Tag Archives: Phyl Garland

The Sound of Soul- Phyl Garland

The Sound of Soul was published in 1969.  It was written at a point when Stax and Motown had broken through and were well established in the charts.  Phyl Garland questions how deeply ‘…soul music has penetrated the core of modern America and how did it all come about?’


The first half of this short and very readable book is concerned with the origins of the soul sound.  Phyl Garland is explicit in stating that she is not presenting a ‘…scholarly treatise in sociology or musicology’.  Rather, she seeks to entertain and inform those who like soul music and who want to know more of where it emerged from and of the ‘… gifted people who create and perform it.’  As a black woman, she states that she is not attempting to achieve ‘Olympian Objectivity’ but that she writes from a black perspective and concentrates on the work of black musicians because she views them as ‘the most vital factor’ in the development of the music.  She is well aware that many white and British groups drew heavily from soul but makes a strong case for concentrating on the originators rather than the partial popularisers.

The second half of the book presents contemporary late 60’s examples of a living and developing music with longer feature pieces on BB King; a fascinating visit to the Stax Studio in Memphis on a working day; an in-depth and illuminating interview with Nina Simone and an appraisal of Aretha Franklin.  Garland then turns to soul in jazz, interviewing Billy Taylor (perhaps best known as the composer of ‘I Wish I Knew How It Would Feel to be Free’ but also as a prolific jazz pianist and educator) before offering an appreciation and requiem for John Coltrane.

Published in Chicago by Regenery, The Sound of Soul is long out of print but you will be able to obtain a copy from AbeBooks or Amazon without breaking the bank.

I first came across Phyl Garland earlier this year when I started to think about this blog.  Having selected Down With It! for the first posting (and blog title) I read the sleeve notes.  I wasn’t expecting much.  Blue Note sleeve notes are a mixed bag.  Leonard Feather’s musings on the back of Lee Morgan’s ‘The Sidewinder’ are informative if you are into musicianly technicalities but are bone-dry and out of keeping with the excitement of the album contained within.  So it was without any great expectation that I started to read her clarion call to listen carefully and enjoy but not to over-analyze or seek to confine jazz to an exclusive cerebral gated community.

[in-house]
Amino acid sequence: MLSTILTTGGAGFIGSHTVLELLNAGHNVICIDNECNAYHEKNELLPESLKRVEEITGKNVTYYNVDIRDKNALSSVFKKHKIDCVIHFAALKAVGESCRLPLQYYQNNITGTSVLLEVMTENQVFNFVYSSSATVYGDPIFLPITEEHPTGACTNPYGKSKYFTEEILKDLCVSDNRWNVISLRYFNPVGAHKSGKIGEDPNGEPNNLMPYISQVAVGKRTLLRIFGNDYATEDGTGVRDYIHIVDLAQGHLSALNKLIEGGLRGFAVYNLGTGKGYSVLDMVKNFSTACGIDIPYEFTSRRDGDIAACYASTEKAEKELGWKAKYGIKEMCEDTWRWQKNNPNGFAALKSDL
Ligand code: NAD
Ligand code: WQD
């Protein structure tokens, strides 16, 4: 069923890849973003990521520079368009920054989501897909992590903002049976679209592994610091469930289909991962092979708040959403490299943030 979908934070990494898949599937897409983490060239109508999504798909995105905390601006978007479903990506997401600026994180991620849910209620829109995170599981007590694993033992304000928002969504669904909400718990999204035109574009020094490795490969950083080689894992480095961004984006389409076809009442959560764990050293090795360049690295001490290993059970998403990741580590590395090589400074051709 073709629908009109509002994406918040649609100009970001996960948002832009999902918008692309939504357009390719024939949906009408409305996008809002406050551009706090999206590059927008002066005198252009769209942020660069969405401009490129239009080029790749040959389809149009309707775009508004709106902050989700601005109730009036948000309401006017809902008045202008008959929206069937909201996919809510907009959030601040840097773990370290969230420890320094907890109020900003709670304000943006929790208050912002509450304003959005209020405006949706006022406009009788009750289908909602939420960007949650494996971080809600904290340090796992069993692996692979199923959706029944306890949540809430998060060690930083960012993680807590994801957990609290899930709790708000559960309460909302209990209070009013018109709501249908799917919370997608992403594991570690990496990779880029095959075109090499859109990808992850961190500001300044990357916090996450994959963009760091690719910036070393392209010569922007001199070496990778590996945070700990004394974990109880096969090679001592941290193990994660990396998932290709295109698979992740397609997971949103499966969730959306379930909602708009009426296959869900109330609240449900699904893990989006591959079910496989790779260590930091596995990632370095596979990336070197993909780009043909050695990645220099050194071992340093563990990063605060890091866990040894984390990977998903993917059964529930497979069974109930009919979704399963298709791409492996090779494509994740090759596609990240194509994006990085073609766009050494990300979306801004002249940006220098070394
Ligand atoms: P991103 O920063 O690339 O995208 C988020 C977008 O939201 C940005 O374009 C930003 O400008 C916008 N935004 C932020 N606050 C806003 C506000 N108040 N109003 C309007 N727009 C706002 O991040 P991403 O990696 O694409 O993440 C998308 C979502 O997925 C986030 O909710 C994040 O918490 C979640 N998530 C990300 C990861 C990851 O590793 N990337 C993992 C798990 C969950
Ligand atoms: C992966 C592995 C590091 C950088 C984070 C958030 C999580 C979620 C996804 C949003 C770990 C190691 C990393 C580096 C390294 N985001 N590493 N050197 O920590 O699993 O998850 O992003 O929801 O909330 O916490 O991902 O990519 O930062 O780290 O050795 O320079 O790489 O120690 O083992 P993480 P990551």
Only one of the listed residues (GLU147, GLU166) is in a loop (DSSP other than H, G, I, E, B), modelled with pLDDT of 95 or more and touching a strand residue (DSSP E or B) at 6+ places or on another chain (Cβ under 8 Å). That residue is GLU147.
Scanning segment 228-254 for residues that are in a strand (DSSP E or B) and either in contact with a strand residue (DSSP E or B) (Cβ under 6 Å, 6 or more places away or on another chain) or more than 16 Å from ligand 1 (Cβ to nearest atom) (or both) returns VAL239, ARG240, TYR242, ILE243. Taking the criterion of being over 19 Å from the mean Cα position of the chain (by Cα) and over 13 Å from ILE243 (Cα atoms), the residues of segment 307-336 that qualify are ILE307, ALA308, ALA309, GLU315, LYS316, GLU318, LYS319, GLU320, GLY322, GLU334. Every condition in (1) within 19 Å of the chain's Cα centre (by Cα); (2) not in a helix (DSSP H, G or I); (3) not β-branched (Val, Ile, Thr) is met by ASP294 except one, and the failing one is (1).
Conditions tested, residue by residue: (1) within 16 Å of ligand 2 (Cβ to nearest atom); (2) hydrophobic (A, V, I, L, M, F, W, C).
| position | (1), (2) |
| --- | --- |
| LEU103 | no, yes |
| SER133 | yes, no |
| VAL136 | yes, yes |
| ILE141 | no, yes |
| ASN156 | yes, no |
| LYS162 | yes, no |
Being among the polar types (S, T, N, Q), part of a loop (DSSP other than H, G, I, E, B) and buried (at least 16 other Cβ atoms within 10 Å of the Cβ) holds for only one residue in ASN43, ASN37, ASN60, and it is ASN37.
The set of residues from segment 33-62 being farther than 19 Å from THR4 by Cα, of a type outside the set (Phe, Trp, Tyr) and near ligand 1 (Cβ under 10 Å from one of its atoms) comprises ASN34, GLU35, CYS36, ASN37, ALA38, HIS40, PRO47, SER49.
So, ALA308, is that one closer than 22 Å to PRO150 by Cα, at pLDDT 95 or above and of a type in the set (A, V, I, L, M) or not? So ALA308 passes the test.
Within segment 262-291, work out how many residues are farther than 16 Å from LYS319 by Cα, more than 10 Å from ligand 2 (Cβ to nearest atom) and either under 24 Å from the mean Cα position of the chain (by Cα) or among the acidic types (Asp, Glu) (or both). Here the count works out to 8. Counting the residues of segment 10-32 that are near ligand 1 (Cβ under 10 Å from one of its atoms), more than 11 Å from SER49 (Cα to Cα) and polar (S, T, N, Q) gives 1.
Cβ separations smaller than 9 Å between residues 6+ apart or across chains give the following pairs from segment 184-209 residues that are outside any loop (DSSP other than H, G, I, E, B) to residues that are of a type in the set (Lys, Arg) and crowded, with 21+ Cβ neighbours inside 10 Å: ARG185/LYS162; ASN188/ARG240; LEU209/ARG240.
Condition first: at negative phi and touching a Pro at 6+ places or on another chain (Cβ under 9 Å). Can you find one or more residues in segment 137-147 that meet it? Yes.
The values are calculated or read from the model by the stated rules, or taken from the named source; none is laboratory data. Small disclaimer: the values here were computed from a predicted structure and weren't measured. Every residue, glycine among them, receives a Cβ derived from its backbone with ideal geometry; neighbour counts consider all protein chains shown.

Further research confirmed that Professor Phyllis Garland was a remarkable and inspirational person.  She was the first woman and the first African American to gain tenure at the Columbia University Graduate School of Journalism.  This followed on from a distinguished career as a journalist and writer with Ebony Magazine and as a reporter and editor on The Pittsburgh Courier from 1958 to 1965.  She was also a participant activist in the civil rights movement.  There’s a full obituary at: http://www.post-gazette.com/stories/local/obituaries/obituary-phyllis-garland-journalism-professor-at-columbia-university-458744/  and her enthusiasm for the music was indicated by her annual listening parties, held for her students at her Eighth Avenue apartment in New York’s Greenwich Village where she played music from her massive collection of jazz and other genres.

Phyl Garland also wrote sleeve notes for Let ‘Em Roll by Big John Patton and Jackie McLean’s Right Now which were both released on Blue Note and for Booker T and the MGs 1969 album- The T Set. In addition, I understand that a Phil Garland may have written the notes for a Smokey Robinson set that Freddie Roach may have contributed one of his last recordings on. I must check that one out in due course.



Down With It!: The Blue Mitchell Quintet

Why should I bother with this?  There’s the great trumpet playing of Blue Mitchell; engaging piano from a young Chick Corea; a varied set from hot jukebox to cool Latin and bossa, and a fine ballad.  The whole package is complemented by exceptional sleeve notes from Phyl Garland, who offers up a counterblast to elitist critics and writers who seek to confine the music to a cerebral ghetto (and who ain’t got an iota of funk in ’em).